Can Amazon’s Prime Video finally convince consumers to cut the cable?

Traditional TV and cable subscriptions have been in decline for years, and streaming services are steadily converting consumers. Amazon (AMZN 2.64%) has now expanded its streaming business to include almost every facet of digital entertainment available. Because of this, the company could be the one convincing people to finally cut that cord.

A digital shop from a single source

Cord cutting is a global trend that has caused millions of people to ditch their cable and satellite TV services in favor of cheaper streaming options. From 2019 to 2021, US cable providers lost about 6 million subscribers, cable and satellite companies lost 25 million subscribers since 2012. Analysts predict the industry will lose another 25 million subscribers by 2025 as more and more people choose digital TV options.

Meanwhile, Amazon’s Prime Video retained a 19% market share in the streaming industry in 2021 and the first quarter of 2022, the second-highest share behind it Netflix (NFLX 8.20%), whose share is declining. Amazon started its digital video business with the launch of Prime Video, then Amazon Unbox, in 2006. Its original purpose was to allow customers to download movies. However, Netflix’s success and technological advances prompted the platform to shift to streaming in 2011. It started with a library of 5,000 streamable movies and TV shows that has since grown exponentially.

Prime Video now hosts a variety of entertainment services, such as buying and renting content, a streaming library of original and licensed content, live sports, and third-party channels. On the platform, Amazon has created a space very different from its biggest competitors like Netflix, HBO Max and Disney+, whose platforms are relatively one-dimensional. Prime Video has grown into an entire ecosystem built to meet almost any video entertainment need a Prime member could have.

Additionally, Amazon Channels launched in 2015 and is perhaps the biggest incentive for people to cancel their cable subscriptions. The service allows Prime members to add popular channels that have grown in popularity on traditional cable providers but can now be streamed directly through Prime Video. Prime members can choose from around 150 different channels to add, typically between $0.99 and $14.99/month extra. Some popular options include HBO, Showtime, Starz, Comedy Central Now, and PBS KIDS.

cost efficient

As the world continues to feel the effects of the pandemic and geopolitical events, the cost of living is increasing around the world. Many are cutting back on their discretionary spending, with entertainment being the first to go. Netflix has experienced this first-hand, with a loss of 200,000 subscribers in the first quarter of 2022, but Amazon Prime memberships are rising. U.S. Prime membership grew from 142.5 million in 2020 to 151.9 million in 2021, accounting for 58.2% of the population.

With most US households seeming anxious to keep their Prime subscriptions, Amazon has an opportunity to offer attractive entertainment options that don’t require a separate service or membership. A 2020 report found that the average cable bundle costs $217.42/month, more than the average total utility costs (electricity, gas, water, sewage and garbage) which came to $202.50. For 44% off, or $120/year, Prime offers a whole host of additional services, from free two-day shipping on Amazon to music and, of course, Prime Video. People can use the difference to add multiple Amazon channels and still pay significantly less. Last Prime Day even offered multiple channels like Starz and Showtime for $1/month for two months.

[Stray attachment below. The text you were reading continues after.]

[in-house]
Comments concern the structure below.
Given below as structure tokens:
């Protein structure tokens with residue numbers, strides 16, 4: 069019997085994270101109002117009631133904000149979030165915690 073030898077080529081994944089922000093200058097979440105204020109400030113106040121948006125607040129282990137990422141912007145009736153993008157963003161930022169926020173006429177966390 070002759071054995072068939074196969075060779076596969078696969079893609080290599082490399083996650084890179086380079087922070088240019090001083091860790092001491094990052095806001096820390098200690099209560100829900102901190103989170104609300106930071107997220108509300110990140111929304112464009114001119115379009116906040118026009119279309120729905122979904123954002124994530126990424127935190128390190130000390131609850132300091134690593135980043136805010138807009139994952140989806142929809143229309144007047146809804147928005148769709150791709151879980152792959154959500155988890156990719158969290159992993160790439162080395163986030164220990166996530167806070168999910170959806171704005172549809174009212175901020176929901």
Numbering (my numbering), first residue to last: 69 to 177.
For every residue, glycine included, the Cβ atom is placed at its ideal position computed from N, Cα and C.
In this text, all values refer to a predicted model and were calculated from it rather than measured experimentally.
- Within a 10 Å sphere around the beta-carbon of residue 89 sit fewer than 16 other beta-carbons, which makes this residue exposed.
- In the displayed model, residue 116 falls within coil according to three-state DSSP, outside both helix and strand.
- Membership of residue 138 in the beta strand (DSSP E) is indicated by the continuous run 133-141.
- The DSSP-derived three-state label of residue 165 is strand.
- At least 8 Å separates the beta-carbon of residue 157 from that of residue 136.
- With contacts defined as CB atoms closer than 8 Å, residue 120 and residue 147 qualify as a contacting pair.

The biggest draw for cable right now is live sports, an aspect of entertainment that Amazon is steadily expanding within Prime Video. Subscribers can already add channels to access professional leagues with MLB.TV, NBA League Pass, NBA TV, and La Liga TV.

However, to expand its sporting opportunities, Amazon inked an 11-year deal in 2021 to pay $1 billion a year for the exclusive rights to air 15 Thursday night soccer Plays throughout the NFL season and one game per year during the preseason. Originally slated to begin airing in 2023, the historic deal now allows the games to launch on Prime Video in 2022.

What to look out for

As cable and satellite subscriptions dwindle and Amazon Prime memberships continue to grow, consumers will increasingly see the benefits of switching. A good indicator of where the market is headed is not only the growth in Prime subscriptions, but also the balance sheets of traditional cable providers.

For example most of Komcast‘s (CMCSA 3.33%) The business is “Cables and Communications” which accounts for 53% of sales. The media division includes revenue from the Peacock streaming service and is the second largest division at 19%. However, from Q1 2021 to Q1 2022, media revenues increased by 36.3%, while cable communications revenues increased by 4.6%. The numbers show that customers are far more interested in digital services than cable. As this trend continues and Amazon only expands its offering, the company could make a big profit.

John Mackey, CEO of Whole Foods Market, an Amazon subsidiary, is a member of The Motley Fool’s board of directors. Dani Cook does not hold any of the shares mentioned. The Motley Fool has positions in and recommends Amazon and Netflix. The Motley Fool recommends Comcast. The Motley Fool has a disclosure policy.

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